Highlights: “Goodnight Laura,” “The Mystery Zone,” “Written in Reverse,” “I Saw the Light”
Answer: When you ask them to comment on the Cold Cave CD that you’re thoroughly enjoying they answer you with a hipster snobbish reply of “Pssh, i feel like anyone could sing like Ian Curtis”
They say it like that is a bad thing! In defense of Cold Cave I hardly think they’re intentionally trying to be Joy Division copycats here. Having said that, I get where this person was coming from. If you start a band with deep low vocals mixed with ominous synths it’s just natural for people to make those comparisons. I guess if we have to throw labels on people consider Cold Cave the New New Order. My personal opinion is that if more bands sounded like Joy Division and less like Lil Wayne’s Rebirth the world would be a better place.
Highlights: “Love Comes Close,” “Life Magazine,” “Youth and Lust”
For those of you that listened to last Sunday’s episode of Ammunition Radio, this is the Steve Albini article we were referring to (thank you to Andre for sending to me so that I didn’t have to go digging for it). We hope that by now all of you have come across this and read this, especially if you are in a band or a musical artist (whether signed or not). Some of the content is a little dated and some of the numbers need some tweaking as it was written a few years back, but the majority of it still applies and really this is one of the most accurate, informative pieces on the music industry you will ever read.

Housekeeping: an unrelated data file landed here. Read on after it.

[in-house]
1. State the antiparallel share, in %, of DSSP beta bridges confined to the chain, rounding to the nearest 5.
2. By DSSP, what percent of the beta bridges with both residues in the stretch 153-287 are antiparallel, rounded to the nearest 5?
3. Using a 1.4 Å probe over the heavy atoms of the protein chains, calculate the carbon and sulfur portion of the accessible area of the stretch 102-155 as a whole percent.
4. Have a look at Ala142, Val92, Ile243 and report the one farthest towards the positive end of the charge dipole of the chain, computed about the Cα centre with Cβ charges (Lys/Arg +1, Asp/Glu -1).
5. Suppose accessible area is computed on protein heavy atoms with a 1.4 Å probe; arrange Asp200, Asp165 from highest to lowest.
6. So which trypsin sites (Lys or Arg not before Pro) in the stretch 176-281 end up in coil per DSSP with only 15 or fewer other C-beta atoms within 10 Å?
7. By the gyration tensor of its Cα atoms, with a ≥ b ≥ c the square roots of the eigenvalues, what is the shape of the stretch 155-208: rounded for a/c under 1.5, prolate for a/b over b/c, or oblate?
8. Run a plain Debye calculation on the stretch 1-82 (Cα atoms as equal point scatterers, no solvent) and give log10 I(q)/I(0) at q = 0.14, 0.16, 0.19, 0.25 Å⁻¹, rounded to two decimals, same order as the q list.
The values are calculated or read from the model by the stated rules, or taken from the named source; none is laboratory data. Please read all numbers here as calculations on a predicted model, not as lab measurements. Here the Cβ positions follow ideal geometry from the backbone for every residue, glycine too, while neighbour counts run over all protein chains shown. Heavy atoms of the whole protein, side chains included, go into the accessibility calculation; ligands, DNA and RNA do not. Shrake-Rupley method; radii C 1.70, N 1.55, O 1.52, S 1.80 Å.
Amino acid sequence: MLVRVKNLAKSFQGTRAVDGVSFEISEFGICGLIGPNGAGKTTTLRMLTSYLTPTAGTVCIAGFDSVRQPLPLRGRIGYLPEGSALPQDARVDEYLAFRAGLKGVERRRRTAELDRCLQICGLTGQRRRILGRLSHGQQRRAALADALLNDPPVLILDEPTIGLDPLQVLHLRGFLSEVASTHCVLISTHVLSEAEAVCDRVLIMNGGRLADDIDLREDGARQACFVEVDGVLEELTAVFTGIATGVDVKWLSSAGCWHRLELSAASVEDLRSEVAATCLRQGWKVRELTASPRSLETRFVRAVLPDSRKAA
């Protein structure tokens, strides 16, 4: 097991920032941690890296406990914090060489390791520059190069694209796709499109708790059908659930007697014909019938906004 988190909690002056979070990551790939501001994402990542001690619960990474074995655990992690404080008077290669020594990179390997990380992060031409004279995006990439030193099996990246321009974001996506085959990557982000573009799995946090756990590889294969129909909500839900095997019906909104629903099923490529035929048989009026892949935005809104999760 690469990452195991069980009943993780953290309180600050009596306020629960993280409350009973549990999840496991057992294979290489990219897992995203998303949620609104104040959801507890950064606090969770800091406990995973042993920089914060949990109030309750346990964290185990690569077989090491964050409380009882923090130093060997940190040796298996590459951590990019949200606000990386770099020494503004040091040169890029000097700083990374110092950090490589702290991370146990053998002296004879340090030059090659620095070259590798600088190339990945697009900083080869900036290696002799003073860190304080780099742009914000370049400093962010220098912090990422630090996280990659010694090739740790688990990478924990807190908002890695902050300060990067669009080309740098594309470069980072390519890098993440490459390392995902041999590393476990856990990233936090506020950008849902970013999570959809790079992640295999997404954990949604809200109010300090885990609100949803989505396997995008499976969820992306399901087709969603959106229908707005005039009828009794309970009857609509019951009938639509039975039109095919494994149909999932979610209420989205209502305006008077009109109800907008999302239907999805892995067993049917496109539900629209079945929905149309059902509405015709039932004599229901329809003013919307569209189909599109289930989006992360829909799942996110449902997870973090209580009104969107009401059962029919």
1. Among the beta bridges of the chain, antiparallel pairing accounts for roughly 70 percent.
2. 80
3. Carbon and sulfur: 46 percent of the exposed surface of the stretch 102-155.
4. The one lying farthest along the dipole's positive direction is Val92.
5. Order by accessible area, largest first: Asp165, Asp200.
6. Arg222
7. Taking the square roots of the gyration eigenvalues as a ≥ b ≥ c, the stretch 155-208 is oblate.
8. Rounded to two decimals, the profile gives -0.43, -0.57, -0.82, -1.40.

Whenever I talk to a band who are about to sign with a major label, I always end up thinking of them in a particular context. I imagine a trench, about four feet wide and five feet deep, maybe sixty yards long, filled with runny, decaying shit. I imagine these people, some of them good friends, some of them barely acquaintances, at one end of this trench. I also imagine a faceless industry lackey at the other end holding a fountain pen and a contract waiting to be signed. Nobody can see what’s printed on the contract. It’s too far away, and besides, the shit stench is making everybody’s eyes water. The lackey shouts to everybody that the first one to swim the trench gets to sign the contract. Everybody dives in the trench and they struggle furiously to get to the other end. Two people arrive simultaneously and begin wrestling furiously, clawing each other and dunking each other under the shit. Eventually, one of them capitulates, and there’s only one contestant left. He reaches for the pen, but the Lackey says “Actually, I think you need a little more development. Swim again, please. Backstroke”. And he does of course.
Every major label involved in the hunt for new bands now has on staff a high-profile point man, an “A & R” rep who can present a comfortable face to any prospective band. The initials stand for “Artist and Repertoire.” because historically, the A & R staff would select artists to record music that they had also selected, out of an available pool of each. This is still the case, though not openly. These guys are universally young [about the same age as the bands being wooed], and nowadays they always have some obvious underground rock credibility flag they can wave. (more…)